Format

Send to

Choose Destination
Prog Neurobiol. 2016 Aug;143:1-35. doi: 10.1016/j.pneurobio.2016.06.001. Epub 2016 Jun 6.

Calpains and neuronal damage in the ischemic brain: The swiss knife in synaptic injury.

Author information

1
CNC - Center for Neuroscience and Cell Biology, University of Coimbra, 3004-504 Coimbra, Portugal.
2
CNC - Center for Neuroscience and Cell Biology, University of Coimbra, 3004-504 Coimbra, Portugal; Doctoral Programme in Experimental Biology and Biomedicine, Center for Neuroscience and Cell Biology, University of Coimbra, 3004-504 Coimbra, Portugal; Institute for Interdisciplinary Research, University of Coimbra (IIIUC), 3030-789 Coimbra, Portugal.
3
Department of Science and Technology, University of Sannio, 82100 Benevento, Italy.
4
CNC - Center for Neuroscience and Cell Biology, University of Coimbra, 3004-504 Coimbra, Portugal; Department of Life Sciences, University of Coimbra, 3000-456 Coimbra, Portugal. Electronic address: cbduarte@ci.uc.pt.

Abstract

The excessive extracellular accumulation of glutamate in the ischemic brain leads to an overactivation of glutamate receptors with consequent excitotoxic neuronal death. Neuronal demise is largely due to a sustained activation of NMDA receptors for glutamate, with a consequent increase in the intracellular Ca(2+) concentration and activation of calcium- dependent mechanisms. Calpains are a group of Ca(2+)-dependent proteases that truncate specific proteins, and some of the cleavage products remain in the cell, although with a distinct function. Numerous studies have shown pre- and post-synaptic effects of calpains on glutamatergic and GABAergic synapses, targeting membrane- associated proteins as well as intracellular proteins. The resulting changes in the presynaptic proteome alter neurotransmitter release, while the cleavage of postsynaptic proteins affects directly or indirectly the activity of neurotransmitter receptors and downstream mechanisms. These alterations also disturb the balance between excitatory and inhibitory neurotransmission in the brain, with an impact in neuronal demise. In this review we discuss the evidence pointing to a role for calpains in the dysregulation of excitatory and inhibitory synapses in brain ischemia, at the pre- and post-synaptic levels, as well as the functional consequences. Although targeting calpain-dependent mechanisms may constitute a good therapeutic approach for stroke, specific strategies should be developed to avoid non-specific effects given the important regulatory role played by these proteases under normal physiological conditions.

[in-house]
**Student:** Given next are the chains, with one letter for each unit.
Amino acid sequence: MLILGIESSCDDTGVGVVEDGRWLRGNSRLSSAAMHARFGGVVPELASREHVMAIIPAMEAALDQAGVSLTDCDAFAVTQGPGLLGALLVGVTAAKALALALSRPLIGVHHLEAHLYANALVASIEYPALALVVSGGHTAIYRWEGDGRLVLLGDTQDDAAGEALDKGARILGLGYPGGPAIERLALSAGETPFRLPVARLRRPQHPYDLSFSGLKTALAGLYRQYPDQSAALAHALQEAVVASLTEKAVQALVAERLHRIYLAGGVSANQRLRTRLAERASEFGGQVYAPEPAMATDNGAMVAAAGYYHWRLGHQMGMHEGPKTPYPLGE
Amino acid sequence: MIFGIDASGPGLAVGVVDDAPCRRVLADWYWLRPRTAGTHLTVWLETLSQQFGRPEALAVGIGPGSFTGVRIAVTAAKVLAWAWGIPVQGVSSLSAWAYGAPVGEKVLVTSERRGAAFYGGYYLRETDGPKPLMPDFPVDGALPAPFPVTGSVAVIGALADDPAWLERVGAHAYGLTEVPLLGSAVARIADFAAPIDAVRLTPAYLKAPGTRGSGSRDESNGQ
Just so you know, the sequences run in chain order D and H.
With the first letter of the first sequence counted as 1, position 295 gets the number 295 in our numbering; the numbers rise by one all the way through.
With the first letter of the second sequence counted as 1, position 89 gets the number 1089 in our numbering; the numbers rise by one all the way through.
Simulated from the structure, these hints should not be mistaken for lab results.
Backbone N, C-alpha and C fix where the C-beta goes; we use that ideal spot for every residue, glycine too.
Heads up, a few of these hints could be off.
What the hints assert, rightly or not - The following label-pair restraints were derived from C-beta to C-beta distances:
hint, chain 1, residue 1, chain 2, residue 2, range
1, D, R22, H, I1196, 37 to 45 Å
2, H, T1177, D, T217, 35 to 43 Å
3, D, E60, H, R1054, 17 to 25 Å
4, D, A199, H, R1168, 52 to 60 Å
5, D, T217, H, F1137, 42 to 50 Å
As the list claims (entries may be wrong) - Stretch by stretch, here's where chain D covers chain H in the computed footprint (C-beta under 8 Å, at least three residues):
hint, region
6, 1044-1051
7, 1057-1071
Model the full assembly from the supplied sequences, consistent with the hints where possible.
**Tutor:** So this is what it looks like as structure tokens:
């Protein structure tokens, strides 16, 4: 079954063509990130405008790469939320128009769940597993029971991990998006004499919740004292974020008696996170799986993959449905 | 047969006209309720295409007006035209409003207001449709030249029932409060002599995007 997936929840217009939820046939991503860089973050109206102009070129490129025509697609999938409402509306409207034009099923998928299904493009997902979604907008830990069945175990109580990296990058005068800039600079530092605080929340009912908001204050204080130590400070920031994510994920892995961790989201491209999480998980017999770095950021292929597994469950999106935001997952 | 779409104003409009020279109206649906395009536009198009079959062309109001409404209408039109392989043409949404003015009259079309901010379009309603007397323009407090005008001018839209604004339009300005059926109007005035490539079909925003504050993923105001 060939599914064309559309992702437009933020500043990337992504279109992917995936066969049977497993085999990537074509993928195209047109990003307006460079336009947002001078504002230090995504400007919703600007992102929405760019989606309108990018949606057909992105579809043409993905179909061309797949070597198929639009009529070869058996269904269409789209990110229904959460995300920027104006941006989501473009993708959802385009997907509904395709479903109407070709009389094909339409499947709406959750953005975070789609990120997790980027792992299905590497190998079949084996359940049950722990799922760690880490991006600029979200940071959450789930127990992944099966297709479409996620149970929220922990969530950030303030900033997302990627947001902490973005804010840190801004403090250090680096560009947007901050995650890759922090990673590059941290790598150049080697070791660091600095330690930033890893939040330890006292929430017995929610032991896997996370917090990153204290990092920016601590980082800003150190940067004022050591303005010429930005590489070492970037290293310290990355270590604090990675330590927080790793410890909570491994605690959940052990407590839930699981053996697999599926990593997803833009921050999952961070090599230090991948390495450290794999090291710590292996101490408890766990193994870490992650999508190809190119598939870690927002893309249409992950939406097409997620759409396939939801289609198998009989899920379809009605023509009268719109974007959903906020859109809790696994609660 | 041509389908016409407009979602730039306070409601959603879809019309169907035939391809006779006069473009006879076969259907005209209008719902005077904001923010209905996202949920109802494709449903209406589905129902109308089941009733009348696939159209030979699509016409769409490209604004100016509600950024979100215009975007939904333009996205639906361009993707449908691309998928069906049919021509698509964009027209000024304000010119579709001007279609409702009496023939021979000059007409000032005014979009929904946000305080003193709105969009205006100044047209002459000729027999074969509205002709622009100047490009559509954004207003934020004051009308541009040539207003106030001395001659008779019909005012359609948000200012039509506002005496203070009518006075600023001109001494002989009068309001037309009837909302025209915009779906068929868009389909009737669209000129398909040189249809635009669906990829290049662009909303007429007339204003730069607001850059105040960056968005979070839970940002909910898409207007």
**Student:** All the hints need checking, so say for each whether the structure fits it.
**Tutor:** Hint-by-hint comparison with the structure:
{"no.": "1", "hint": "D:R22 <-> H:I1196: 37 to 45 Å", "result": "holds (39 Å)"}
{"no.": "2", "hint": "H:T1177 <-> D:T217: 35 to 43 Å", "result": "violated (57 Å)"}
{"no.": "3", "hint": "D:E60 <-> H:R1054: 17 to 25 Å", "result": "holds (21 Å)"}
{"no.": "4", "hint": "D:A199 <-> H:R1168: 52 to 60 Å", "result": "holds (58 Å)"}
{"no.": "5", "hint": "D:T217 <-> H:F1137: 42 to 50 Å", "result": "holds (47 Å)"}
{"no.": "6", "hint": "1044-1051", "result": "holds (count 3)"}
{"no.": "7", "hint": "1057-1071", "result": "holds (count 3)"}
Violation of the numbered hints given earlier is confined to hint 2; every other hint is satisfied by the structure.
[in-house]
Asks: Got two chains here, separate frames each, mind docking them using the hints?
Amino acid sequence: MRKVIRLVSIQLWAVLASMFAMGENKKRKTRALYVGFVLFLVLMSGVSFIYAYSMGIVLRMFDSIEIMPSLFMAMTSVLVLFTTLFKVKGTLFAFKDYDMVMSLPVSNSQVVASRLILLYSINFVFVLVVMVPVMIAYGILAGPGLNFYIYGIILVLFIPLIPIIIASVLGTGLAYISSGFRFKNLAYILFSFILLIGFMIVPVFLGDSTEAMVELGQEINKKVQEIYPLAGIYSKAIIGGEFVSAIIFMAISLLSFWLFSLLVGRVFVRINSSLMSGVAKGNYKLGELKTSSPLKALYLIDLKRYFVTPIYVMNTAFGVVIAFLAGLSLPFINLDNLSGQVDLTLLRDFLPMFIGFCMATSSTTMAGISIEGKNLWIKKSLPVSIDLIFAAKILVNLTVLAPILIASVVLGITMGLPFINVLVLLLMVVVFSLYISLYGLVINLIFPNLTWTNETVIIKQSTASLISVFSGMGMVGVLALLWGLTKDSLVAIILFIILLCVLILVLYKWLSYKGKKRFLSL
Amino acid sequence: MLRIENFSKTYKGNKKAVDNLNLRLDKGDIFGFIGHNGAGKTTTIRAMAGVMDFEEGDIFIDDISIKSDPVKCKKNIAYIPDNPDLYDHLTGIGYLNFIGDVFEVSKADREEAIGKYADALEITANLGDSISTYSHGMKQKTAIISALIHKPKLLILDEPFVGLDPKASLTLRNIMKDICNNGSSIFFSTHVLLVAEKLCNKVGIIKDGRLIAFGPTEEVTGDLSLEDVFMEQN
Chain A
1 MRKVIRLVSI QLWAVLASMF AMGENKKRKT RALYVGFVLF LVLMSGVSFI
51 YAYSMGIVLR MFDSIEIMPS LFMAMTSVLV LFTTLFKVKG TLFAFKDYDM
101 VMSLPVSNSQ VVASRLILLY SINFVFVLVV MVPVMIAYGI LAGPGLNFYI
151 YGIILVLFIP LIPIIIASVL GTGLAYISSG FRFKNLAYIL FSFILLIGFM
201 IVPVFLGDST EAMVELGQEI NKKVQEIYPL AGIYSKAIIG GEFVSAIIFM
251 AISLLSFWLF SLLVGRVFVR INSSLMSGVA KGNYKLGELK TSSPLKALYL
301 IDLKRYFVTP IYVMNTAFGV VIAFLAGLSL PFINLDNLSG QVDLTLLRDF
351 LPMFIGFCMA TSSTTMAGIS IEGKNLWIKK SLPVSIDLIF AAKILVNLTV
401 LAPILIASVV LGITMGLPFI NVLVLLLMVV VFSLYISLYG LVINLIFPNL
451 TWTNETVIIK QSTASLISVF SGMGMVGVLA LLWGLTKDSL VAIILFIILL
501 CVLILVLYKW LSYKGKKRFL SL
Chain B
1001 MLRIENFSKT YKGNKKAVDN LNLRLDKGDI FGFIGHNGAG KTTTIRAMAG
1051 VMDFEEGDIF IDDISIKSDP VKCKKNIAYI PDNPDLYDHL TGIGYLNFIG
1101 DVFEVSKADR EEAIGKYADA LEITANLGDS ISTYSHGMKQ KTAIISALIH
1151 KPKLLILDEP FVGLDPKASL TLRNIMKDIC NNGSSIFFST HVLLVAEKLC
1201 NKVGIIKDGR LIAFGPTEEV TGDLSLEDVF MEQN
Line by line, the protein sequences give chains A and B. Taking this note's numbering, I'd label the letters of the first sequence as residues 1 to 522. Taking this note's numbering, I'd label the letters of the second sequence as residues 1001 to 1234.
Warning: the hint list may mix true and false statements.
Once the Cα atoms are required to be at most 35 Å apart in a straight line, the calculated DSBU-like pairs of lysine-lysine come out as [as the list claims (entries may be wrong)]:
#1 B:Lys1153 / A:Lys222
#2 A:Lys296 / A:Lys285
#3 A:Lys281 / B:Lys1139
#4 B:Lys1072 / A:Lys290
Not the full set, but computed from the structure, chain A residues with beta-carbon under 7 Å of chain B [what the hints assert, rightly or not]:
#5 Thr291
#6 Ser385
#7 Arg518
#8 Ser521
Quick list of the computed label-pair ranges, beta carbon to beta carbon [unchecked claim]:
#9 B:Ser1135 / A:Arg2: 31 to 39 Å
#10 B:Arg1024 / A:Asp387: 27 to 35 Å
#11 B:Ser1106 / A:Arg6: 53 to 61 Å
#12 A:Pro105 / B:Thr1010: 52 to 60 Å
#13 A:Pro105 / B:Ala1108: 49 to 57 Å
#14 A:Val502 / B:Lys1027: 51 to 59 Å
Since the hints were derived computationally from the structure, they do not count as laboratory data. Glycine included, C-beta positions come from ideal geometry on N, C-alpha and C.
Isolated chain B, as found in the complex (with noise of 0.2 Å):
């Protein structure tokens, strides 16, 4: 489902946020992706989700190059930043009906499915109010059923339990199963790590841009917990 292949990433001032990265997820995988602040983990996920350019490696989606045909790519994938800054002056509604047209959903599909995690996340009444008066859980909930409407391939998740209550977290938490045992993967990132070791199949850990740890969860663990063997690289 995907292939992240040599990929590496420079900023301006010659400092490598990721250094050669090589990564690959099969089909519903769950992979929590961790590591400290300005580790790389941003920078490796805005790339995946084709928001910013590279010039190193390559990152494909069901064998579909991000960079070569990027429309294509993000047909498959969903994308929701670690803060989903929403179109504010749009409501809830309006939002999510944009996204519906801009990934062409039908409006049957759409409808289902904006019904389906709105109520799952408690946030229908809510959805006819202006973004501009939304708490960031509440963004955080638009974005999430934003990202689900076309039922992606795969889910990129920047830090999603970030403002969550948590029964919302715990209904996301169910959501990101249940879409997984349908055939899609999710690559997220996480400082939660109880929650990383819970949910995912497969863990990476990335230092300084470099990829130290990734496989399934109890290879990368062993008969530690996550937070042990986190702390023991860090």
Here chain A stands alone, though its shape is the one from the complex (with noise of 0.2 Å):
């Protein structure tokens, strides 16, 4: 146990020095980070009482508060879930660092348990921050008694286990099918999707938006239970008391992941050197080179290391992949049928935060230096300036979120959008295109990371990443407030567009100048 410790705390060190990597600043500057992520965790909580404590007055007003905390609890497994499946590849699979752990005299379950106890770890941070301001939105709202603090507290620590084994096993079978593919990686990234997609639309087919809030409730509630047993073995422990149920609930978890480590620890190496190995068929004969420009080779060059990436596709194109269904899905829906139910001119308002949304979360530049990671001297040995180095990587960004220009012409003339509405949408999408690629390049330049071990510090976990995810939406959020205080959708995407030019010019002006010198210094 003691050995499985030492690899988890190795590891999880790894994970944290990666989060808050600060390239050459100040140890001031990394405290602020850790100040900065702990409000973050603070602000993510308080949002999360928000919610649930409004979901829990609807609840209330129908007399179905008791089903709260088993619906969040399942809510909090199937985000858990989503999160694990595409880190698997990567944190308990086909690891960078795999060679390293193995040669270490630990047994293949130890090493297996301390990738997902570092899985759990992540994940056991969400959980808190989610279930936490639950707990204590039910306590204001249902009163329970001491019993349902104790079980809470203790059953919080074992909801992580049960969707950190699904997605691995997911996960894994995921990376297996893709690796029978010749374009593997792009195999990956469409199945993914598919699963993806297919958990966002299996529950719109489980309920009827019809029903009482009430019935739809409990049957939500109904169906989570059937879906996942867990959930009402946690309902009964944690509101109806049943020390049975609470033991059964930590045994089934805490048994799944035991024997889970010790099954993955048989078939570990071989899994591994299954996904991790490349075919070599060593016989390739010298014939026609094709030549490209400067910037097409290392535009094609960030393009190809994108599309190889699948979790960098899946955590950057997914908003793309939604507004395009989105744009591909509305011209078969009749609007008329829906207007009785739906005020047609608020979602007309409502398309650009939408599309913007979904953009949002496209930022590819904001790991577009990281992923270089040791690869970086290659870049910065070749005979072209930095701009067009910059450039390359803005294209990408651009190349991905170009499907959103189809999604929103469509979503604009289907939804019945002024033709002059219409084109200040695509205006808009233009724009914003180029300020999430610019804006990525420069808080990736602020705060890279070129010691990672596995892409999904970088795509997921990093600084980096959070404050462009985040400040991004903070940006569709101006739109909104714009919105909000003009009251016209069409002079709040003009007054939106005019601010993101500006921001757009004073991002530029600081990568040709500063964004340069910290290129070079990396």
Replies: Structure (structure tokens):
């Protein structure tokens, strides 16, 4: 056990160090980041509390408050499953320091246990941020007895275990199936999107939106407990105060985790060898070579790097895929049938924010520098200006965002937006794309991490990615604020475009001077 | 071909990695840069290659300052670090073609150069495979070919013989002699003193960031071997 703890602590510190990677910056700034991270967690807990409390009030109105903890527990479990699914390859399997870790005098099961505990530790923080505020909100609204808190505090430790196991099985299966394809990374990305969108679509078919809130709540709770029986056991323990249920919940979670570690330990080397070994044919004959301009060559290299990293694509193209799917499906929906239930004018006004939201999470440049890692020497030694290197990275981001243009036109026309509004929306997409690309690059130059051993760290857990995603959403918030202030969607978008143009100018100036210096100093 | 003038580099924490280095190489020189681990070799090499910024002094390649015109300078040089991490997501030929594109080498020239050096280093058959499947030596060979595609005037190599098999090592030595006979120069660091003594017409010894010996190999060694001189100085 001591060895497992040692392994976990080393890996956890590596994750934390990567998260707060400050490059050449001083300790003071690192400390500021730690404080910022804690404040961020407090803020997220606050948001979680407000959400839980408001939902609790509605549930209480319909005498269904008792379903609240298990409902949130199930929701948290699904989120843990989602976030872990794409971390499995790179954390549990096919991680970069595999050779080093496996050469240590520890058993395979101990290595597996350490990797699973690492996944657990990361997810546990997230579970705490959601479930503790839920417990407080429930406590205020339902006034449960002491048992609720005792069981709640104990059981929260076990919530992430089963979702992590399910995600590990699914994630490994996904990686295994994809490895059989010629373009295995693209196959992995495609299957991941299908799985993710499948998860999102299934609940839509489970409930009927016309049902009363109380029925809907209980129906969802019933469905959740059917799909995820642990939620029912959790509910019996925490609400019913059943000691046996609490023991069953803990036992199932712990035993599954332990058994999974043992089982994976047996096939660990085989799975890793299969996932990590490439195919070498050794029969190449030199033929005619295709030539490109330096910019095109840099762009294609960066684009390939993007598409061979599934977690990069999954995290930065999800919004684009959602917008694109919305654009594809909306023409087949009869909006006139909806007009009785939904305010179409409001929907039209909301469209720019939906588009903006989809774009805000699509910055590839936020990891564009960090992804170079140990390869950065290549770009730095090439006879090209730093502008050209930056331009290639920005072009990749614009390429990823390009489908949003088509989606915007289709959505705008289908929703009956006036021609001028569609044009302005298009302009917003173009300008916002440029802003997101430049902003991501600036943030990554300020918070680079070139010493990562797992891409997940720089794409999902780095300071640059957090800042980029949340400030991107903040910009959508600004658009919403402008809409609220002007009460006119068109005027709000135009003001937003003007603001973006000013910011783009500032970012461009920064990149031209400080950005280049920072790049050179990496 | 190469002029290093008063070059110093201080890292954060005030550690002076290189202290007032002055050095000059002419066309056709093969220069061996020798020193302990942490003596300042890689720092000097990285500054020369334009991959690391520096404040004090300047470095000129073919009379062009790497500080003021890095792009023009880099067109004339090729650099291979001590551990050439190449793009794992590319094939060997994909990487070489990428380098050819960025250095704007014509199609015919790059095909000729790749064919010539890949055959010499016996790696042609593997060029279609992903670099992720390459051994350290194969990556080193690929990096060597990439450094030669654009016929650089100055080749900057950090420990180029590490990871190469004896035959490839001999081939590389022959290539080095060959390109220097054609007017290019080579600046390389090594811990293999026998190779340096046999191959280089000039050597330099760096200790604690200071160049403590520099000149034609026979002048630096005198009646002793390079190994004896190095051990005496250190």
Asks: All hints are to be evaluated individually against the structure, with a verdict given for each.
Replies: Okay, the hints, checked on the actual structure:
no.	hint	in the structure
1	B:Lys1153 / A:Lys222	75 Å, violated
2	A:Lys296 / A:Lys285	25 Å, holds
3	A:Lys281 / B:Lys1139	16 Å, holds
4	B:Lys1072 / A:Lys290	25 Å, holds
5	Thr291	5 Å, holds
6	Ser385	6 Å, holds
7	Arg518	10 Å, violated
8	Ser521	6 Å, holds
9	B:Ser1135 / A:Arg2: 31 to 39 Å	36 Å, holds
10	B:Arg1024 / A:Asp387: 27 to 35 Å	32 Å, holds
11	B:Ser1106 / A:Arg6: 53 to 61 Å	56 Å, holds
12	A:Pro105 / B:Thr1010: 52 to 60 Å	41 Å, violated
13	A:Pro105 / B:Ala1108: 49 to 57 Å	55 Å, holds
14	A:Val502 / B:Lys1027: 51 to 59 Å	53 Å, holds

KEYWORDS:

Brain ischemia; Calpain; GABAergic synapses; Glutamatergic synapses; Neuronal death; Scaffold proteins

PMID:
27283248
DOI:
10.1016/j.pneurobio.2016.06.001
[Indexed for MEDLINE]

Supplemental Content

Full text links

Icon for Elsevier Science
Loading ...
Support Center